It's a fact of school life, long established, that some science experiments are cooler than others. Burning peanuts to establish calorie content? Boring. Exploding a mess of chemicals to create a multi-limbed ash kraken monster?
This experiment, featuring the combustion of Mercury (II) thiocyanate and Ammonium chromate, is a spectacular example of the 'Pharaoh's Snake' fireworks, particularly popular in North America.
The video above is a highly toxic and more extreme version of the experiment, and notable for the fact that its many-limbed terror looks exactly like a monster risen from hell.
Take a look, above.
Meet Jules, the newest and most realistic humanoid robot yet from David Hanson and the team at Hanson Robotics.
A robot that looks just like its creator (www.newscientist.com).
Engineers at Kagawa University in Japan are developing a talking robotic version of the human mouth: To enable the robot's speaking abilities, engineers at Japan's Kagawa University used an air pump, artificial vocal chords, a resonance tube, a nasal cavity, and a microphone attached to a sound analyzer as substitutes for human vocal organs.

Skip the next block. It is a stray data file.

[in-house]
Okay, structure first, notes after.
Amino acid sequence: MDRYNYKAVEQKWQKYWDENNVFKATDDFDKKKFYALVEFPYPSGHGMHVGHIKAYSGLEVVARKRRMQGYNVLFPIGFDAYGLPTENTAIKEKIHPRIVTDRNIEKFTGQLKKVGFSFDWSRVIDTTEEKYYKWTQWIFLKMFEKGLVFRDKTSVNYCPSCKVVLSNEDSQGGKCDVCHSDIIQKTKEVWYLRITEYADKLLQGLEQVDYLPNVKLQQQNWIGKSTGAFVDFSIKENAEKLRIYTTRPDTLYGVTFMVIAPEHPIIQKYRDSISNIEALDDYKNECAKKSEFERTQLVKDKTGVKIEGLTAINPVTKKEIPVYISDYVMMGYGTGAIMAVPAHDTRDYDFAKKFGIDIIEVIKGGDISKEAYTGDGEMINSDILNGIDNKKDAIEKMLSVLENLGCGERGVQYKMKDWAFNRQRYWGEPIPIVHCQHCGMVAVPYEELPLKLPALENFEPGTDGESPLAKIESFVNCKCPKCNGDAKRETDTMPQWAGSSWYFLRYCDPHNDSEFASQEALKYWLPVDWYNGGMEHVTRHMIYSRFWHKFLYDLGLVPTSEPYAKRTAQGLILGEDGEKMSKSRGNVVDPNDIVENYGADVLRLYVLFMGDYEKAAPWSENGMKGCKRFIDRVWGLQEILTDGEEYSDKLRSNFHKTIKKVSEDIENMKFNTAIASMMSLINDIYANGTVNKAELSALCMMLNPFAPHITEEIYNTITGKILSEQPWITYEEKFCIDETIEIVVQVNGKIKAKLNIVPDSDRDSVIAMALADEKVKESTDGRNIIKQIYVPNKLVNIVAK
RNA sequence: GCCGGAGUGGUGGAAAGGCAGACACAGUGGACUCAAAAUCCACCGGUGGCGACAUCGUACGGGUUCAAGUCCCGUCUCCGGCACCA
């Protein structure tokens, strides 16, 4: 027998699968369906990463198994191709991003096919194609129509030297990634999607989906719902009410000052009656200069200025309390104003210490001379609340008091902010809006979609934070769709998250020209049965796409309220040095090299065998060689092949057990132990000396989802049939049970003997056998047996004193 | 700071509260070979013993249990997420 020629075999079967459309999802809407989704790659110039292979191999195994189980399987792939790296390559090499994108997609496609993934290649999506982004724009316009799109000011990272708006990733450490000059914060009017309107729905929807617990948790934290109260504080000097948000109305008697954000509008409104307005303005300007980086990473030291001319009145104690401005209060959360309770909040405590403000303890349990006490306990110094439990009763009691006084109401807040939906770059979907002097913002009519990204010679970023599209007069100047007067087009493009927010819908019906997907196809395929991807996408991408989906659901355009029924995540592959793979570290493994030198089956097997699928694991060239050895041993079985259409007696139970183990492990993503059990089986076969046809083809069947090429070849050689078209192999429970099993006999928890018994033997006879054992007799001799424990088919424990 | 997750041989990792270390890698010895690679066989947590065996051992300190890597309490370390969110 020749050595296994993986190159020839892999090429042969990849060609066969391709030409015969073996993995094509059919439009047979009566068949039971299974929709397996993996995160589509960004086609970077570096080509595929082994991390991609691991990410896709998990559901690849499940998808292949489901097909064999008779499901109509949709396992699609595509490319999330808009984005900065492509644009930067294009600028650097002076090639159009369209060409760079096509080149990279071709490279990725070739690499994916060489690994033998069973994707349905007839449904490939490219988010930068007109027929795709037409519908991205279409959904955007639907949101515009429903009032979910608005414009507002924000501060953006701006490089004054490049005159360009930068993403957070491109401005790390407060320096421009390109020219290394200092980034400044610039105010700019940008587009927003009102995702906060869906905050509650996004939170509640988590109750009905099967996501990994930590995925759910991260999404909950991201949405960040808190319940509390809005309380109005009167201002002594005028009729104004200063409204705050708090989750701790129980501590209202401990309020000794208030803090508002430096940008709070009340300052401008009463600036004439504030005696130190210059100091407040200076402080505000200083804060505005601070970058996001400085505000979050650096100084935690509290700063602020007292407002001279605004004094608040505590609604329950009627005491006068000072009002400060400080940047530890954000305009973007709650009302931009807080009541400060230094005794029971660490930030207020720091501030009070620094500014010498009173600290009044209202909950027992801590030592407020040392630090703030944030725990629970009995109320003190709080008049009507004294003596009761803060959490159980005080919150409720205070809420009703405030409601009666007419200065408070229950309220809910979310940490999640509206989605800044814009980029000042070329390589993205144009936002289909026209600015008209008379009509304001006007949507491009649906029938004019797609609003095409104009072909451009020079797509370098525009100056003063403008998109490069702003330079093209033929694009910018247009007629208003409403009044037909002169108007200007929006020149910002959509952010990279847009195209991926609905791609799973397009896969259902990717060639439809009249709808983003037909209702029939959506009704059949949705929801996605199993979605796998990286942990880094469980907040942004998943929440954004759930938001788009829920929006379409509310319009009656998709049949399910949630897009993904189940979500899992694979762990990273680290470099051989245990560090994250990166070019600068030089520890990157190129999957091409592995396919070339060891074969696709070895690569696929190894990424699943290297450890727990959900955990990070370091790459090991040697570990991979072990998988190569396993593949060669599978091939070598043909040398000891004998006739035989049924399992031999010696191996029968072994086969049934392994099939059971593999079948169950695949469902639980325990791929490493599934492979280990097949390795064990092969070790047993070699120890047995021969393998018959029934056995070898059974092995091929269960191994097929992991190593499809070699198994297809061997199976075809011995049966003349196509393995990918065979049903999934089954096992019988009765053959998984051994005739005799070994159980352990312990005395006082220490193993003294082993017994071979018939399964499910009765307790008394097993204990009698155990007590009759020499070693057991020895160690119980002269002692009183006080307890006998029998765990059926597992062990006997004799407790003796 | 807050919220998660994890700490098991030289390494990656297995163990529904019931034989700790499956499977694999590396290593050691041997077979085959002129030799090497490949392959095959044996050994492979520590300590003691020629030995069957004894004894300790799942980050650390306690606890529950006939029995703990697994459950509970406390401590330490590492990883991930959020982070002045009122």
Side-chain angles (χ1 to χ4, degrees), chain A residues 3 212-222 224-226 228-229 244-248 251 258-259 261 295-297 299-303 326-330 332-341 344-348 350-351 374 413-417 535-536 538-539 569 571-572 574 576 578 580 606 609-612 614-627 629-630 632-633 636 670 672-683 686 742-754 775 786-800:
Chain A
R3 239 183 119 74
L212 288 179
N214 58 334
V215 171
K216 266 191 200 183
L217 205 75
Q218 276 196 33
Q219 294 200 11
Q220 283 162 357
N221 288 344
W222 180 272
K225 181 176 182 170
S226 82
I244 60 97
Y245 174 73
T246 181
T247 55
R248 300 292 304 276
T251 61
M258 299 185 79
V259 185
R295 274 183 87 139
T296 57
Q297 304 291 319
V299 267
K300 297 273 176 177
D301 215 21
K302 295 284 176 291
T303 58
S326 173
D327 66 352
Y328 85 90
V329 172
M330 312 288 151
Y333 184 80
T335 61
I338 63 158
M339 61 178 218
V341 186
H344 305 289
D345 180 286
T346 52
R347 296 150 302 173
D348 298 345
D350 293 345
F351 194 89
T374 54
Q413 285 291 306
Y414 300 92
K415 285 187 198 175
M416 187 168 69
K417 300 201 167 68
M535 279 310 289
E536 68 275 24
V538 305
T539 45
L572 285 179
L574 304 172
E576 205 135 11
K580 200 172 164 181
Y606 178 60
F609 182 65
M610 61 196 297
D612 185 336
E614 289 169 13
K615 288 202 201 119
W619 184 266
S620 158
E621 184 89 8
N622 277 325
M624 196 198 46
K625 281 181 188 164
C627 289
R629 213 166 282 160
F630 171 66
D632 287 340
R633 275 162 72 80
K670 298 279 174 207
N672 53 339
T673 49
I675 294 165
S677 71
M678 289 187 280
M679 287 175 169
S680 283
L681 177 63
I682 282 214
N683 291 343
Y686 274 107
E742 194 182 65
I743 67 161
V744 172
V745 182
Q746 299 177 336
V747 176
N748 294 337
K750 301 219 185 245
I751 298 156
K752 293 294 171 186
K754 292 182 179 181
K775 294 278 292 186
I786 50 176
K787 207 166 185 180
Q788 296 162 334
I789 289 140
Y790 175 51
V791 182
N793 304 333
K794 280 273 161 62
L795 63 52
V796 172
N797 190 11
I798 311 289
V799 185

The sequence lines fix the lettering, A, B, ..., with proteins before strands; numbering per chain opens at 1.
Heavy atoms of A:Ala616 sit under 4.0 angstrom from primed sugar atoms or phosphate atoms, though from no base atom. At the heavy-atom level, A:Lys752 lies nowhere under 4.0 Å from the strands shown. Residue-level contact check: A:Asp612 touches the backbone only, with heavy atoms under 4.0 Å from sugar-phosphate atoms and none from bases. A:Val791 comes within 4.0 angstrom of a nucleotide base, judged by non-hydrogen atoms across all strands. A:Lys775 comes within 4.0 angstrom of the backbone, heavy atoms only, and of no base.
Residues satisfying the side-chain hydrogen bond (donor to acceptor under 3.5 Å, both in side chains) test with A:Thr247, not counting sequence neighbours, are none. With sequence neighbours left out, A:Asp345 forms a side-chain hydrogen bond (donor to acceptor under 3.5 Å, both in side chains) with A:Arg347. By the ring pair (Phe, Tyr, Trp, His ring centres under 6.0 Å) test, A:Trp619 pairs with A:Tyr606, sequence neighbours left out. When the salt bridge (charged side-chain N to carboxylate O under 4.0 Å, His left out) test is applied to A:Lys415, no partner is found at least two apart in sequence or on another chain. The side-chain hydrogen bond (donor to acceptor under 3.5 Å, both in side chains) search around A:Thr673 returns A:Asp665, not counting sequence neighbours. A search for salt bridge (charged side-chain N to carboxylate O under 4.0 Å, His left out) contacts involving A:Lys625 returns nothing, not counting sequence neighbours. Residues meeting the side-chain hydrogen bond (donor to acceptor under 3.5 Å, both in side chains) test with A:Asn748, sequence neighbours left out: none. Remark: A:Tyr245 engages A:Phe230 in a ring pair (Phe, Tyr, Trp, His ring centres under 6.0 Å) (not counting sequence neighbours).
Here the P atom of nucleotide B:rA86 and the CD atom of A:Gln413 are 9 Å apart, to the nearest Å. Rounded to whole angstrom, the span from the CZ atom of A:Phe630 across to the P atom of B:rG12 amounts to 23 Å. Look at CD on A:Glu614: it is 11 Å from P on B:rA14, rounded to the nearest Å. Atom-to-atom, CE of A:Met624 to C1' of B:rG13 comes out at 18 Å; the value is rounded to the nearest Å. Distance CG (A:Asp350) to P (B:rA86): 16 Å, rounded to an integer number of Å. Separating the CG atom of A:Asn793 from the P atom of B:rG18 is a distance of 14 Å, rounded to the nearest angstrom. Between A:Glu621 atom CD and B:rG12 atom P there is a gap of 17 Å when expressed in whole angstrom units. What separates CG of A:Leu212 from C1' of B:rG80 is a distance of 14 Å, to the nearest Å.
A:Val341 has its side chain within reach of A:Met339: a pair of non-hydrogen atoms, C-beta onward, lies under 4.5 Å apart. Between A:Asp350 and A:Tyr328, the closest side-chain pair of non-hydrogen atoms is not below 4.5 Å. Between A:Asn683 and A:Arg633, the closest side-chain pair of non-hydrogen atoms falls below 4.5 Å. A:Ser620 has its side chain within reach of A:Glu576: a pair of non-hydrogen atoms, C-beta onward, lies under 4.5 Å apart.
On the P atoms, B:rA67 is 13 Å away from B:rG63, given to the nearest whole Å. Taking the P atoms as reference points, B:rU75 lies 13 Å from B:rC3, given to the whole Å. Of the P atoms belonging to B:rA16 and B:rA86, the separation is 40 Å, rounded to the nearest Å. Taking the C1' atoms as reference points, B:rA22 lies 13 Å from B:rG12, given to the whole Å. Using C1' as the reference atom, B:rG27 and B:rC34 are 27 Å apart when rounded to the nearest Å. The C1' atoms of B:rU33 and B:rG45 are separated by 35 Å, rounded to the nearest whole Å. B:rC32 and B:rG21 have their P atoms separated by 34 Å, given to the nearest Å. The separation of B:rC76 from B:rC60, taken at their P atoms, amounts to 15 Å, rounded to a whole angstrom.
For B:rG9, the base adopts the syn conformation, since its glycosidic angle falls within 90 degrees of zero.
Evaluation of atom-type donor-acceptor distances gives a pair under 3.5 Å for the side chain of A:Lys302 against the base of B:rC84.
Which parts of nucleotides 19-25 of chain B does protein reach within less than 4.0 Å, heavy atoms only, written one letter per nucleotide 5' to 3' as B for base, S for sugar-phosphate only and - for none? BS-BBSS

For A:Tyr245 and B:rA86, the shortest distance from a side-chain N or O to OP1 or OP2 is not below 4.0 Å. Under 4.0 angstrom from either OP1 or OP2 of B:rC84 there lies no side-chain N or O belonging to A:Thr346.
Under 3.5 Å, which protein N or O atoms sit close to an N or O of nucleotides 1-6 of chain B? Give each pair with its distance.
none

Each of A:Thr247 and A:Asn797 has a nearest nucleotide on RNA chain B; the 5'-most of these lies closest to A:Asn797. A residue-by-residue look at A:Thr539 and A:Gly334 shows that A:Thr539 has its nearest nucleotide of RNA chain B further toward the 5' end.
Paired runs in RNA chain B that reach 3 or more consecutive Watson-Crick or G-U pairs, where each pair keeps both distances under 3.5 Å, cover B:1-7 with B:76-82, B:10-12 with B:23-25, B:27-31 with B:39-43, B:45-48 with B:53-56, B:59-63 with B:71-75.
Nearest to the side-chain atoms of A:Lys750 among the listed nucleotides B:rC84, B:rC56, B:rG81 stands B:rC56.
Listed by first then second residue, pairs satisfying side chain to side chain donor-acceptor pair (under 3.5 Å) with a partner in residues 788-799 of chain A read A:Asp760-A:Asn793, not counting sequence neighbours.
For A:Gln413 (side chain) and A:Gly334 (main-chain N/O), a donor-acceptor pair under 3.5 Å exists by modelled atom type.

ACTROID-F in AIST Open Lab 2010.
Robot modeled after Albert Einstein. Einstein mimics the facial expressions he detects in others. Smile at him, and he'll smile back.
Cybernetic human dance demo in DCEXPO, 2010.
Humanoid face created by Hanson Robotics (www.hansonrobotics.com). Robotics scientists at Hanson previously created animatronic puppets for Disney studios.
Animatronic baby mechanism for anonymous TV series. Built by Chris Clarke for CNFX Workshop.
Taiwanese Kissing Robots (NTUST Robot) were exhibited in AutoRob2009 in Gwangju, Korea. They were developed by Prof. Chyi-Yeu Lin's research team in National Taiwan University of Science and Technology.
Robot girl with silicone skin.